Oman and Qatar forge ahead with port developments

Oman is undertaking huge redevelopments of its Sultan Qaboos port in the capital Muscat.

A cruise ship makes its way into the Abu Dhabi port Mina Zayed, as seen from the Louvre Abu Dhabi construction site. Silvia Razgova / The National
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Gulf countries, including Oman and Qatar, have plans to develop their ports to receive cruise ships.

Oman, which has three ports that receive cruise ships, is undertaking huge redevelopments of its Sultan Qaboos port in the capital Muscat, Khasab port overlooking the Gulf and Salalah Port on the Indian Ocean coast.

Sultan Qaboos will cease to be a commercial port as of August this year and will be dedicated to tourism and cruise ships, with the development of new cruise berths, ferry and marina berths, souks, restaurants and other tourism facilities. Currently the port can handle at least three cruise ships a day, says Khalid Al Zadjali, the director of tourism events at Oman’s tourism ministry.

Khasab port, which has one berth to handle one cruise ship, is also upgrading its facilities for cruise liners. Salalah port is building a dedicated terminal for cruise ships.

“In Muscat, they will change the whole area surrounding the port, having a variety of projects such as hotels,” says Mr Al Zadjali.

“We see a huge potential from the cruise passengers. First of all is the strategic location of the sultanate. Secondly is the variety of options of the ports. Thirdly, Oman as a destination has a diversified product.”

Oman, Dubai and Abu Dhabi are cooperating to boost cruise tourists and working together to encourage more Gulf tourists to take cruises.

“A key part of what we are trying to do is to encourage people across the GCC who have not previously thought of taking cruises, to do so,’’ says Hamad bin Mejren, the executive director of business tourism at the Dubai Department of Tourism and Commerce Marketing.

“Towards the end of last year, we announced our partnership with Oman’s Ministry of Tourism and Abu Dhabi Tourism and Culture Authority.

“We launched this partnership with a roadshow where we visited several key cities within the GCC to increase the number of residents who would consider cruise a holiday option and increase awareness of the Gulf as a leading cruise tourism destination,” he says.

Qatar, which plans to attract several million tourists a year by 2030, wants to turn the commercial Doha Port into a cruise facility to receive cruise passengers, Issa Ala Mohannadi, the chairman of the Qatar Tourism Authority (QTA), said at the Seatrade Middle East Cruise Forum held in December in Abu Dhabi.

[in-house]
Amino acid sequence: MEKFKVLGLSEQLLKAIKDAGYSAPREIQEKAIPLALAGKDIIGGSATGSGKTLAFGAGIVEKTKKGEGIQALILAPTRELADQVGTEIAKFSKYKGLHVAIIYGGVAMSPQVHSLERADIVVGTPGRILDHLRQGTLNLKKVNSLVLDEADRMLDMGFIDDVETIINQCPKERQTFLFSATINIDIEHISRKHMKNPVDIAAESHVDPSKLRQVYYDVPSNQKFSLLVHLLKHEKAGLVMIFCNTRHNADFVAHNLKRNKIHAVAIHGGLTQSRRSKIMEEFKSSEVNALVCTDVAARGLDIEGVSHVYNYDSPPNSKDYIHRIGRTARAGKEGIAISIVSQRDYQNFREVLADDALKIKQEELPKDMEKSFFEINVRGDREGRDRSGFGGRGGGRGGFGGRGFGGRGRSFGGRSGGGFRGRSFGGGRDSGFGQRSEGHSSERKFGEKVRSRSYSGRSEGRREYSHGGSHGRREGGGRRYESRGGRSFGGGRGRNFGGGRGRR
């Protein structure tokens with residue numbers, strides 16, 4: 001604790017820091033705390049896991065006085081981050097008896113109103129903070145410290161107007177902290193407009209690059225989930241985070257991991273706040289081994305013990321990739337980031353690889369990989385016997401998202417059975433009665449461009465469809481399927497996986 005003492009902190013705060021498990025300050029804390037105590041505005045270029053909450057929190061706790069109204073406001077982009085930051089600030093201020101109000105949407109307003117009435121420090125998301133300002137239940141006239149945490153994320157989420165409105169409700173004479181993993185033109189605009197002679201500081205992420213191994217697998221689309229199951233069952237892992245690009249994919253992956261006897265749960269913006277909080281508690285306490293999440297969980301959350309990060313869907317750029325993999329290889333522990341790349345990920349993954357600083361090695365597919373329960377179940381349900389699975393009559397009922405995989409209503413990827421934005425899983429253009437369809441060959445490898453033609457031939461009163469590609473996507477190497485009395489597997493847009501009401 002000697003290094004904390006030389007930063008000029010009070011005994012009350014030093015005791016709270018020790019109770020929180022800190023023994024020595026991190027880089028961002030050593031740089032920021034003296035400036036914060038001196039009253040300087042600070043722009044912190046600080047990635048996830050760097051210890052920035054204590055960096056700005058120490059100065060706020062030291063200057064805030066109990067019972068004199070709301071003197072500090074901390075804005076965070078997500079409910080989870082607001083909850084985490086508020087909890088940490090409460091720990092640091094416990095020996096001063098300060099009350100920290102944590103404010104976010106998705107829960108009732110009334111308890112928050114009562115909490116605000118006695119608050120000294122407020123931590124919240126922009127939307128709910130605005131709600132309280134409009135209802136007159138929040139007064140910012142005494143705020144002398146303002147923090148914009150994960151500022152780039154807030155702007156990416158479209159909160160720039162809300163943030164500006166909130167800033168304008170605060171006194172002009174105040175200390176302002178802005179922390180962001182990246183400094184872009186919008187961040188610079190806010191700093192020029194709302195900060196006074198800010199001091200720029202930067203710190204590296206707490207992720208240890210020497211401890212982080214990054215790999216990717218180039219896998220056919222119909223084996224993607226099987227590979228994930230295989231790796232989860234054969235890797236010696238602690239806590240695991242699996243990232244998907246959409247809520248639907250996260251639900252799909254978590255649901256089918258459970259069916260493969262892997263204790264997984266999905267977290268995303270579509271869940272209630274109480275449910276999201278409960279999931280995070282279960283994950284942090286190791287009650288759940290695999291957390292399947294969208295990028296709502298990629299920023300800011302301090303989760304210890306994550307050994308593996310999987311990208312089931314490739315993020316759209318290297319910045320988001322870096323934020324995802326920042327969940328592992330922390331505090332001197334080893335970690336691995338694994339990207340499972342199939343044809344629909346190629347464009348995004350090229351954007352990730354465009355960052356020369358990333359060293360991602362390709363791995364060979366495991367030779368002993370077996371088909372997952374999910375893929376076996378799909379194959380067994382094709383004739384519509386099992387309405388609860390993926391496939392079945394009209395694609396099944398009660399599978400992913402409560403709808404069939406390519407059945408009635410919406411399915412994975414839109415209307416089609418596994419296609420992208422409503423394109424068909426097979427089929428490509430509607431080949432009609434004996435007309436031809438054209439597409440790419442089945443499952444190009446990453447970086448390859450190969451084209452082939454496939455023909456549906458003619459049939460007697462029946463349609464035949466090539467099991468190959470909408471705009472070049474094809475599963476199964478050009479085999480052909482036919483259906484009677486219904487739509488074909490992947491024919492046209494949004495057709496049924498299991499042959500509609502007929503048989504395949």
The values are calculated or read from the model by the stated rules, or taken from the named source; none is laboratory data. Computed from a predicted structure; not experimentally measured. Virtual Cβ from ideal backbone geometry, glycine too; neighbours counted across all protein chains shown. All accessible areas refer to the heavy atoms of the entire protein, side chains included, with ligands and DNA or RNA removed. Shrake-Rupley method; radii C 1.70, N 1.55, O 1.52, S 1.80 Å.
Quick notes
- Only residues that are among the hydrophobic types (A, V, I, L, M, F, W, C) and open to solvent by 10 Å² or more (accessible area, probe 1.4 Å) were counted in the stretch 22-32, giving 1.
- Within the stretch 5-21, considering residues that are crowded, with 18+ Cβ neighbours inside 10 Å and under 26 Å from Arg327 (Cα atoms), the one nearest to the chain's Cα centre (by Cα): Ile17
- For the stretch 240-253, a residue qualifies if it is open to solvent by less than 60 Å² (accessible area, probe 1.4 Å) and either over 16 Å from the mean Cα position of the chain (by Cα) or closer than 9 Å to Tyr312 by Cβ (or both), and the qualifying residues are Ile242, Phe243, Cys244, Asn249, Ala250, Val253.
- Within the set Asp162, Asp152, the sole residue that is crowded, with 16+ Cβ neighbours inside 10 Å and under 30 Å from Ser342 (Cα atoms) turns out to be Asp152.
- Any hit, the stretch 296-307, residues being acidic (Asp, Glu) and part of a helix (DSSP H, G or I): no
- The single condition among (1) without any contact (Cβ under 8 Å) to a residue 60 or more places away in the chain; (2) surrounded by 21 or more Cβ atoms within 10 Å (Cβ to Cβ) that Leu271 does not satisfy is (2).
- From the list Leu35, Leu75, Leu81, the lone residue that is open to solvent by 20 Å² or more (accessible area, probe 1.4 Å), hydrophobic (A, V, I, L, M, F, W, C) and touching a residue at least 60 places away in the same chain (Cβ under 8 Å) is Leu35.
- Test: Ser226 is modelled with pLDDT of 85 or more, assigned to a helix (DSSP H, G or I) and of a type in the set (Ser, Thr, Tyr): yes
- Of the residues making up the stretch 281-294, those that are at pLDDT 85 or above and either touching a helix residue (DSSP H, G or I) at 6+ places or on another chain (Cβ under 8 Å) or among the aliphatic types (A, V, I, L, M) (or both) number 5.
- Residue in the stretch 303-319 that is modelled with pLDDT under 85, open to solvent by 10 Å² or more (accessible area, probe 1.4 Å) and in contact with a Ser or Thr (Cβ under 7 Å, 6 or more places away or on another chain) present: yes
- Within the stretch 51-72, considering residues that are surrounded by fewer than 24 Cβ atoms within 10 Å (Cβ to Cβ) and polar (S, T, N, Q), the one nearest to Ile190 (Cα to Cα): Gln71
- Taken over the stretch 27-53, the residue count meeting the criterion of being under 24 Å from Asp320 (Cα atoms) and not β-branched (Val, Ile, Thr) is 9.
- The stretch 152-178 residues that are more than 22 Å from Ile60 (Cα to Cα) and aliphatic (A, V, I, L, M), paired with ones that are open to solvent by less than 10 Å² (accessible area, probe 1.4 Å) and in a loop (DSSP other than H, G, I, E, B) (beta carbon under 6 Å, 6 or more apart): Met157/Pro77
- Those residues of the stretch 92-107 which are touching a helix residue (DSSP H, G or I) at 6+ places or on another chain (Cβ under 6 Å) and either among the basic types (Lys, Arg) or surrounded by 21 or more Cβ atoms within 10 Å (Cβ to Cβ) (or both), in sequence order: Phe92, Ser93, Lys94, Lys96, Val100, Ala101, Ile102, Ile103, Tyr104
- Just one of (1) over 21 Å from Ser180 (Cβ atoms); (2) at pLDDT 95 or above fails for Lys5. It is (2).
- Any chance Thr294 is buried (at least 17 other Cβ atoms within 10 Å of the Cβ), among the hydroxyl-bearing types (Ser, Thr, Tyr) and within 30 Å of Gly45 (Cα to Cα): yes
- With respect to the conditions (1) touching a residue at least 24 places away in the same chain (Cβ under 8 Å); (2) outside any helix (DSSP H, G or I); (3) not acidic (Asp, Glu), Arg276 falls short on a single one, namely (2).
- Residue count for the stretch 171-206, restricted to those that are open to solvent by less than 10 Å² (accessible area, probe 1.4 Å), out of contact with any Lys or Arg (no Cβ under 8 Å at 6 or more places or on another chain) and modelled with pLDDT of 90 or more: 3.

“The presence of a home port for cruise lines would enhance not only Qatar but the Gulf’s position as a tourist destination and promote economic diversity.

“As the tourism industry develops in Qatar and across the Gulf, the cruise market can be a pillar of growth that accelerates our efforts and brings more people to discover the products on offer,” he says.

And cruise lines are enjoying an increase in domestic cruise passengers, which will allow ship operators to increase calls to Gulf ports.

“What we have been experiencing in the past months, there has been an extraordinary growth also for the domestic departures,” says Antonio Paradiso, the executive director for emerging markets at MSC Cruises.

“I would say 65 per cent of the business is outbound and the remaining 45 per cent is focusing on the domestic departures.”

MSC, which is increasing the number of cruise ships that visit Gulf ports, would like to see more development of tourist offerings in some areas, as well as the easing of visa processing – especially for non-Europeans who are unable to get visas on arrival.

“This [visa problem] is becoming more of an obstacle to the development to the Arabian Gulf and that’s one of the most attractive destinations for our cruise market,” says Mr Paradiso.

“We cannot find the same services in all of the [Gulf] regions we are calling at right now and, as you can imagine, cruise liners always want to ensure that travellers enjoy the same level of experience and the same level of standards both on board and on shore.

“The region suffers from a certain lack of diversification of ports of call because once we bring our ship there … we don’t have many options, so the ports of calls are pretty much the same every year.”